Vice President Dick Cheney's refusal to turn over details about whom his energy task force met with - the subject of an unprecedented lawsuit expected to be announced yesterday by the General Accounting Office - can be seen as part of a broad White House effort to draw more of a curtain around the executive branch.
The standoff has to do with which energy companies Mr. Cheney consulted with and how much influence they had over the White House energy plan. Congress's interest in the information has grown in the wake of the Enron scandal, since Cheney and his staff have admitted meeting with Enron executives at least six times. Cheney refuses to release the documents, saying it would set a dangerous precedent, making it impossible for future presidents to receive "unvarnished" advice.
The move is the most dramatic attempt yet on the part of the Bush administration to resurrect a greater wall of privacy around the executive branch - something past presidents have tried to do with varying degrees of success. It follows White House efforts to delay the release of the Reagan presidential papers, its refusal to hand over Justice Department records to Congress (including some dealing with Clinton fundraising), and a general intolerance of leaks to the press.
But critics and some independent analysts say that, while the administration has a right to withhold information dealing with national security, any meetings with private industry or lobbyists for the purpose of formulating policy should be disclosed. And, they add, it's notable the vice president seems to be the one intent on setting a precedent. Releasing the papers would not prevent the president from protecting other documents in the future, but should Cheney win this fight, it could lead to a revised notion of what the White House can keep secret.
"What's bizarre is not just that the executive branch has staked out a fairly extreme separation-of-powers point of view, but they seem to be looking for fights to pick about it," says Peter Shane, a professor of law and public policy at Carnegie Mellon University in Pittsburgh, Pa. "Unless they're covering something up, this is an odd thing to go to the mat over."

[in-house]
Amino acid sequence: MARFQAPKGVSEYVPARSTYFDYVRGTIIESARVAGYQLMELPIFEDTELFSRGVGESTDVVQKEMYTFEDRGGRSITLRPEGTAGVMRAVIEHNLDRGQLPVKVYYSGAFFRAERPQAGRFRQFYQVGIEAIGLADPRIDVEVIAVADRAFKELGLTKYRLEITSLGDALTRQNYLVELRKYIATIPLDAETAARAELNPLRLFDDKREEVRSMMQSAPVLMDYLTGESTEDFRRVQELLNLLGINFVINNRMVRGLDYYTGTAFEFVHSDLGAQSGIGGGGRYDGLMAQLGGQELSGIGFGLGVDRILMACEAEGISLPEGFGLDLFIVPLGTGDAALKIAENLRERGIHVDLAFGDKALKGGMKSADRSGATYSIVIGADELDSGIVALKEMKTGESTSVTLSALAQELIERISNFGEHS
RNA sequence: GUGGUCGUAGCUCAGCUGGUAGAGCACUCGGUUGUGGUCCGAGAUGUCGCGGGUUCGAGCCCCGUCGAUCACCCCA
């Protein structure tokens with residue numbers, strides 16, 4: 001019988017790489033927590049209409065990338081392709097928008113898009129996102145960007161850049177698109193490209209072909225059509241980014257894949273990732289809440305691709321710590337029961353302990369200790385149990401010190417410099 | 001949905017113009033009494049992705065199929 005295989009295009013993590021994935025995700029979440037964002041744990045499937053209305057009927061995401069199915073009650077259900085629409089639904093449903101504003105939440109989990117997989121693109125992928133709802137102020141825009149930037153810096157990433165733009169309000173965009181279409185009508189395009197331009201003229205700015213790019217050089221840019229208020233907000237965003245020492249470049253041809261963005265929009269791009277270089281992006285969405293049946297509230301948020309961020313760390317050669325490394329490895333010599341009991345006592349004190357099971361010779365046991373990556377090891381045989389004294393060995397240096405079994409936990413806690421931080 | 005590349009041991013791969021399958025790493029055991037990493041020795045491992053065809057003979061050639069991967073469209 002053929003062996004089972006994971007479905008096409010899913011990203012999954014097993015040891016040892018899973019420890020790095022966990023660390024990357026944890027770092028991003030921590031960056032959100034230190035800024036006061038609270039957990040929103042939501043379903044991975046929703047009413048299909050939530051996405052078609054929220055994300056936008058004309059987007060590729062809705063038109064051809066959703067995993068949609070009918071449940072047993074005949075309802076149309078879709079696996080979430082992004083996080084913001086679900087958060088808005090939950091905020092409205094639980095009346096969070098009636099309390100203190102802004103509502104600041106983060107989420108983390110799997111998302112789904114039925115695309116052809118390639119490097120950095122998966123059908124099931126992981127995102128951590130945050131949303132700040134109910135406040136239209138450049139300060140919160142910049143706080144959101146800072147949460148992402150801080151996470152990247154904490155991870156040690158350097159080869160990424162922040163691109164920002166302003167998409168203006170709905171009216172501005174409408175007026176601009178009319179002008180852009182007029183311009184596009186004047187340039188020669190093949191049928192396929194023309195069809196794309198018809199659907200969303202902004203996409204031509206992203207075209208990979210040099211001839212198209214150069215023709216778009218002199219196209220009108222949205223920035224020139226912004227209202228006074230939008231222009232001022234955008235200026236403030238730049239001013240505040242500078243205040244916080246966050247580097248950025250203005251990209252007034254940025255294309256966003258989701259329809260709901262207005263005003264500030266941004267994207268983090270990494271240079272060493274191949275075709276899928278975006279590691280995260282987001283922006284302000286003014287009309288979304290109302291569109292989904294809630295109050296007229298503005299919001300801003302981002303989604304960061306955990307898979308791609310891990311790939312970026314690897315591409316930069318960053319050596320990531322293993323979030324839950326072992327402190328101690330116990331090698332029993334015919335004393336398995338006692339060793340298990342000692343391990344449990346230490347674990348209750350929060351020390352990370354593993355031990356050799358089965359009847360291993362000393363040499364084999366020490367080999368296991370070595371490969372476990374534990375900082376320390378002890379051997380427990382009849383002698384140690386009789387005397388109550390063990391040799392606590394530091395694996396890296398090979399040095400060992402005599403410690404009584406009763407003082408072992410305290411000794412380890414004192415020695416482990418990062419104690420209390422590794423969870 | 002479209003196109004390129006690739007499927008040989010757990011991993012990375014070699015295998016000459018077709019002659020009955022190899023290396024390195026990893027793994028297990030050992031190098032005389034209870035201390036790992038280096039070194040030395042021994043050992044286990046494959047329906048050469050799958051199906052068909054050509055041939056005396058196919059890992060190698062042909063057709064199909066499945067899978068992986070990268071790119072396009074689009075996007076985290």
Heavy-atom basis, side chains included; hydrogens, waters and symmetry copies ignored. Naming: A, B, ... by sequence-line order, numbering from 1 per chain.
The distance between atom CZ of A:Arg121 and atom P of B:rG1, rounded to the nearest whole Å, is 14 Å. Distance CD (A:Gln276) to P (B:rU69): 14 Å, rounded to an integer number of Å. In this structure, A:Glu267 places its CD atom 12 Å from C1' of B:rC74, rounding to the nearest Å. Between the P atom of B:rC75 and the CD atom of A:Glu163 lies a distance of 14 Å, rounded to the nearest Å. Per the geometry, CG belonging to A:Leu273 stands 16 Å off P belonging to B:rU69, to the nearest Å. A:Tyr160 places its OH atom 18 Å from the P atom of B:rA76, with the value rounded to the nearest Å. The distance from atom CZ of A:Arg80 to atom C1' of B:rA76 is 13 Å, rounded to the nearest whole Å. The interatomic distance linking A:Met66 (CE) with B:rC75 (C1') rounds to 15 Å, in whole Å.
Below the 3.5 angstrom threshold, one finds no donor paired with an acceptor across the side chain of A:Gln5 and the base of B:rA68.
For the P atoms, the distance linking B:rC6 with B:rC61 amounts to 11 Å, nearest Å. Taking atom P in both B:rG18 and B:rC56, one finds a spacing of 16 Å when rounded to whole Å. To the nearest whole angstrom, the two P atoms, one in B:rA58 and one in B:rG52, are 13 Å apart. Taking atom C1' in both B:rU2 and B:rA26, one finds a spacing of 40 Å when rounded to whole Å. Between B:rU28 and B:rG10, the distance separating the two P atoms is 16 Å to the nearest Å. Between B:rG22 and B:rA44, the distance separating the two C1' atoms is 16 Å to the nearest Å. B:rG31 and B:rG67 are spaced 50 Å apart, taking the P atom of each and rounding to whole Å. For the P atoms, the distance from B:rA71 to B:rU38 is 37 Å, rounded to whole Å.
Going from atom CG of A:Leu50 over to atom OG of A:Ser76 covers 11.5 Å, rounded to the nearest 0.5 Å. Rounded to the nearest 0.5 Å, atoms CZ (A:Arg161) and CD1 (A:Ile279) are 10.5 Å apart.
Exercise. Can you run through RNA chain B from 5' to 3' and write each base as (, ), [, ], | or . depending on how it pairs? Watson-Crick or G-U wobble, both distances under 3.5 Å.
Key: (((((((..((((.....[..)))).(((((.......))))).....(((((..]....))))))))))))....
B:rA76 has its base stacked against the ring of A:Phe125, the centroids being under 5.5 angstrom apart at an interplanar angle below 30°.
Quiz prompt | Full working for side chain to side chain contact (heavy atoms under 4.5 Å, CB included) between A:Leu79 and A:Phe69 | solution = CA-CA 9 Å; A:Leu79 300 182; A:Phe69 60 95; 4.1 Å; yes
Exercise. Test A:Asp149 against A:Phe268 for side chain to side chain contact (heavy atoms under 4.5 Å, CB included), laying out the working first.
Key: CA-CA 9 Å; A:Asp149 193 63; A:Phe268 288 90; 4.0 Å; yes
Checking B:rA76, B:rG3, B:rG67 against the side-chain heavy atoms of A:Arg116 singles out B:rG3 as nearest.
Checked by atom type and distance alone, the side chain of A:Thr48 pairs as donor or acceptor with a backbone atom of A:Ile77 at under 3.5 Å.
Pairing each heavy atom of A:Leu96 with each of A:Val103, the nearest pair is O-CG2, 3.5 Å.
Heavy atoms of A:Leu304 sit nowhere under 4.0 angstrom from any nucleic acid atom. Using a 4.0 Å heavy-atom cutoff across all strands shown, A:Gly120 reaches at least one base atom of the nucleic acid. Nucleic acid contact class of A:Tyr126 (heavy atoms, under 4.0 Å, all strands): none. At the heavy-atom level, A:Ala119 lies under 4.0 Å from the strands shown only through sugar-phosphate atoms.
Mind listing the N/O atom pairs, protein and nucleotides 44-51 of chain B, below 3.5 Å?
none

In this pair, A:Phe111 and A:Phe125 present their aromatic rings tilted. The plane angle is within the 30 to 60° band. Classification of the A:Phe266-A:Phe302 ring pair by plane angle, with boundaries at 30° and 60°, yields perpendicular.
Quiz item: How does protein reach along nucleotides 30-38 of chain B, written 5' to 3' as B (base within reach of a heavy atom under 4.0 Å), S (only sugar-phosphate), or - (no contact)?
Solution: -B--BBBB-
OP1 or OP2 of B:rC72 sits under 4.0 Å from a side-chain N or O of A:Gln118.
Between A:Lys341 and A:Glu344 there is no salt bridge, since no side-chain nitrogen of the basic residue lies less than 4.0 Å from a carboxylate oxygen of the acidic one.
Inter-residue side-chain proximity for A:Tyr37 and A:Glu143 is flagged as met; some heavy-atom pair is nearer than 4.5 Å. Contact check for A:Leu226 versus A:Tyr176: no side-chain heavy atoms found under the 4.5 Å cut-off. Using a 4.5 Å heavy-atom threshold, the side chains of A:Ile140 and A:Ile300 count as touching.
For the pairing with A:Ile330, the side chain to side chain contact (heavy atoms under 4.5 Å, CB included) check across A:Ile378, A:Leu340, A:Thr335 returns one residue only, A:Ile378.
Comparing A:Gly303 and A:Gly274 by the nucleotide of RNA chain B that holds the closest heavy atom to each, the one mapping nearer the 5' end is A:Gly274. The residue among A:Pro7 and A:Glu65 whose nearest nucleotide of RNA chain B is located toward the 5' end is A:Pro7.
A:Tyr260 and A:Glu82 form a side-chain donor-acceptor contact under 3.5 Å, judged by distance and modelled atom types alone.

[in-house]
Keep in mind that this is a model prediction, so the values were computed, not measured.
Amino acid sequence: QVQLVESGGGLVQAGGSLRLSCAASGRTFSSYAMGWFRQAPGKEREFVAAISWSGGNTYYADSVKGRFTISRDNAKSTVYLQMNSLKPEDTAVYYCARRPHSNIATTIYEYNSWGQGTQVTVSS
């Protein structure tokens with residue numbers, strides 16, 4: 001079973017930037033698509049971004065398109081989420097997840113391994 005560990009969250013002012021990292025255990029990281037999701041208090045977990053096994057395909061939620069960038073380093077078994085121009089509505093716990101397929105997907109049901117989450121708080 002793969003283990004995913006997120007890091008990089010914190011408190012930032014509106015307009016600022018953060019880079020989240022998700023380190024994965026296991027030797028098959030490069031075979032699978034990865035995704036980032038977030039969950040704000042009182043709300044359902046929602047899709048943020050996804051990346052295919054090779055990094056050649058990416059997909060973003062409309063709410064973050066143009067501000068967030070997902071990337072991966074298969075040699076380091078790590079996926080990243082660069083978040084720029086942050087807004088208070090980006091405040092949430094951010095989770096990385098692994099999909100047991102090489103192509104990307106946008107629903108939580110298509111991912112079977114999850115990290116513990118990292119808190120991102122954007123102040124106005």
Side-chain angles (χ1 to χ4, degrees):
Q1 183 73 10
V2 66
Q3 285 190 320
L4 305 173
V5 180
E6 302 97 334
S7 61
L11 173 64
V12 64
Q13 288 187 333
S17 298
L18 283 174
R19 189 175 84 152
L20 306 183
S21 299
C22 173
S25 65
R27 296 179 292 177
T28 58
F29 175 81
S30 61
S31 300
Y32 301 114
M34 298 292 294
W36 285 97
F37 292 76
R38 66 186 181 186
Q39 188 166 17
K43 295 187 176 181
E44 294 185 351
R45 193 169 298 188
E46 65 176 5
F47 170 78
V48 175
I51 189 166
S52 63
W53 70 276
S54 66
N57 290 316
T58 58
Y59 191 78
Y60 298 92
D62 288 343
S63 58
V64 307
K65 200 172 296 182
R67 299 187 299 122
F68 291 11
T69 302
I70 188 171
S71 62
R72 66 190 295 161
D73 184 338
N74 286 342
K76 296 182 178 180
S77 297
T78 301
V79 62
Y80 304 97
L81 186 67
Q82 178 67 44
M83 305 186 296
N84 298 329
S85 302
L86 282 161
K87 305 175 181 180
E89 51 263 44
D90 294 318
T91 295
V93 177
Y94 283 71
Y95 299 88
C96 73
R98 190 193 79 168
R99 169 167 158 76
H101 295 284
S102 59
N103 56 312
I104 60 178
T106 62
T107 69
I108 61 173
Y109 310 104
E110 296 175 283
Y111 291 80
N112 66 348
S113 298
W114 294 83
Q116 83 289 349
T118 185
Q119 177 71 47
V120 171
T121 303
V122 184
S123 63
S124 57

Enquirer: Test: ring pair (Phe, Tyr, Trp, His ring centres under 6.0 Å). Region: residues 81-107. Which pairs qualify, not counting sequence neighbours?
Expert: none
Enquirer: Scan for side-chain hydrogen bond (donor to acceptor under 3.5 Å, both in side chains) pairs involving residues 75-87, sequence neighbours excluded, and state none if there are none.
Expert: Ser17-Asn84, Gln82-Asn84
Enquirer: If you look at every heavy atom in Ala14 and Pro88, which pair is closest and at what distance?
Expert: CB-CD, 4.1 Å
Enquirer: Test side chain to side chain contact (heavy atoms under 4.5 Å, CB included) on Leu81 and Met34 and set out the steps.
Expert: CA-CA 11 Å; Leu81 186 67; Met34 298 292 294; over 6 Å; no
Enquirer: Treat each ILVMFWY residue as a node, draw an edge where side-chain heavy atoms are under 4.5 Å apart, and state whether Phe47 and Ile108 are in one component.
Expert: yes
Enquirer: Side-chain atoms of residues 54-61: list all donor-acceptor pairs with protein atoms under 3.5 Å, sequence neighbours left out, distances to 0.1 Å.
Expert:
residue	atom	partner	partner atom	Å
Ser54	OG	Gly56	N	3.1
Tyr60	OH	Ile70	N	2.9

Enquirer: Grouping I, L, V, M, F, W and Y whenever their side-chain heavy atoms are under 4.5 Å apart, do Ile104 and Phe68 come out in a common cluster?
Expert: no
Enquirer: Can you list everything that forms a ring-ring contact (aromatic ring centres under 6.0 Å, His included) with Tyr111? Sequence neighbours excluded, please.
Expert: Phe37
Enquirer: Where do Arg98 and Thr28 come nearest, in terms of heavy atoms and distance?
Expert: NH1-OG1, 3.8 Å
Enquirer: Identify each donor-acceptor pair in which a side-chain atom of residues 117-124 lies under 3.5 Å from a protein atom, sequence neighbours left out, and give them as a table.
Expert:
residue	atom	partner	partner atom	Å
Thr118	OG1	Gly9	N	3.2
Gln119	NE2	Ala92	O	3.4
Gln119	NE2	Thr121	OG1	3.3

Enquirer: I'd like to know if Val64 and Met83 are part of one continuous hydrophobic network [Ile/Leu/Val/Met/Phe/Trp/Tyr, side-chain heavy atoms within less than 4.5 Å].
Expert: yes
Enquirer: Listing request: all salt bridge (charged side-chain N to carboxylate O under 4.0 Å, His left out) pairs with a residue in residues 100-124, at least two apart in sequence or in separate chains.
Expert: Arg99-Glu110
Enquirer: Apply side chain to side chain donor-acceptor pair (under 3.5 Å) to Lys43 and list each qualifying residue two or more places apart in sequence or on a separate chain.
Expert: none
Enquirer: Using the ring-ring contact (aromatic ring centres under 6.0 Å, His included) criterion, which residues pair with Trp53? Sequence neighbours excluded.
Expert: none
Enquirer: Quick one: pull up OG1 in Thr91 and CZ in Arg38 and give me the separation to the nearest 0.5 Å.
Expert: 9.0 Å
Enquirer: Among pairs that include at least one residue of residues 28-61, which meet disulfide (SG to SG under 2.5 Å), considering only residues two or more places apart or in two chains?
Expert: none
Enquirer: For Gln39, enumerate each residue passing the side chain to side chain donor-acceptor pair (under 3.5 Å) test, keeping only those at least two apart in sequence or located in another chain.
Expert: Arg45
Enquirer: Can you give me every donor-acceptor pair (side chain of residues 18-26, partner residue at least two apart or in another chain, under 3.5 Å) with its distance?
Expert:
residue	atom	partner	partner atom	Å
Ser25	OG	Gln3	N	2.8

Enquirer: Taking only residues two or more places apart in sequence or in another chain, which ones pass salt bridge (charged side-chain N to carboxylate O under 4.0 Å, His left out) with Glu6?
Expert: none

Fights between the president and Congress over access to information are nothing new, of course. As far back as 1792, George Washington tried to withhold documents about a disastrous military campaign - the so-called St. Clair incident - from Congress. In that case, the president finally relented, in order to exonerate officials who were being accused of wrongdoing.
"Washington wanted to establish the principle that a president has the right to withhold information from Congress," says Mark Rozell, a professor of politics at Catholic University here. "But he made it very clear in his correspondence that a president may only do that when it's in the public's interest - not just to save the administration from embarrassment."
While the US Supreme Court has held that the executive branch does have a constitutional right to keep certain documents private, it has also ruled that such privacy must be balanced with Congress's right to know what's going on. As a result, the court forced President Nixon to turn over the White House tapes during the Watergate scandal, since the material was relevant to a criminal investigation.
In fact, say legal experts, most court battles involving an administration's efforts to withhold information have tilted in favor of the party seeking disclosure. "In our democratic system, the balance generally tips in favor of openness of information," says Mr. Rozell.
The relevant law in this case is the Federal Advisory Committee Act, which requires all policy meetings with outside advisers to be open, to avoid the appearance of deals being cut with lobbyists behind closed doors. The GAO and other critics contend that the vice president's energy task force should be subject to these rules. It's asking for basic information regarding "who asked whom about what, when, where - and how much did it cost," says Jeff Nelligan, a GAO spokesman.
But the White House says that the GAO is overreaching its legal authority in demanding this information from the vice president. In many ways, the situation is similar to that involving former first lady Hillary Rodham Clinton's task force on healthcare, say critics. "When [Mrs. Clinton] had secret meetings and refused to provide documents about that, conservatives and Republicans were up in arms - and they should be equally up in arms about what Vice President Cheney is doing," says Larry Klayman, head of Judicial Watch, a conservative watchdog group that is also suing the administration to get access to the energy task force documents. Mrs. Clinton eventually backed down.
But it's in part because of such past clashes that Cheney is taking such an unyielding stand. He says he is trying to reverse an erosion of executive branch authority that has taken place for decades, with Congress increasingly emboldened to demand information from presidents who often acquiesce under political pressure.
"In 34 years [in Washington], I have repeatedly seen an erosion of the powers and ability of the president of the United States to do his job," Cheney told ABC News. "We are weaker today as an institution because of the unwise compromises that have been made over the last 30 to 35 years."
Yet critics say the public today expects more transparency. "It's an old-world view of government, that people should not ask questions," says Mr. Klayman.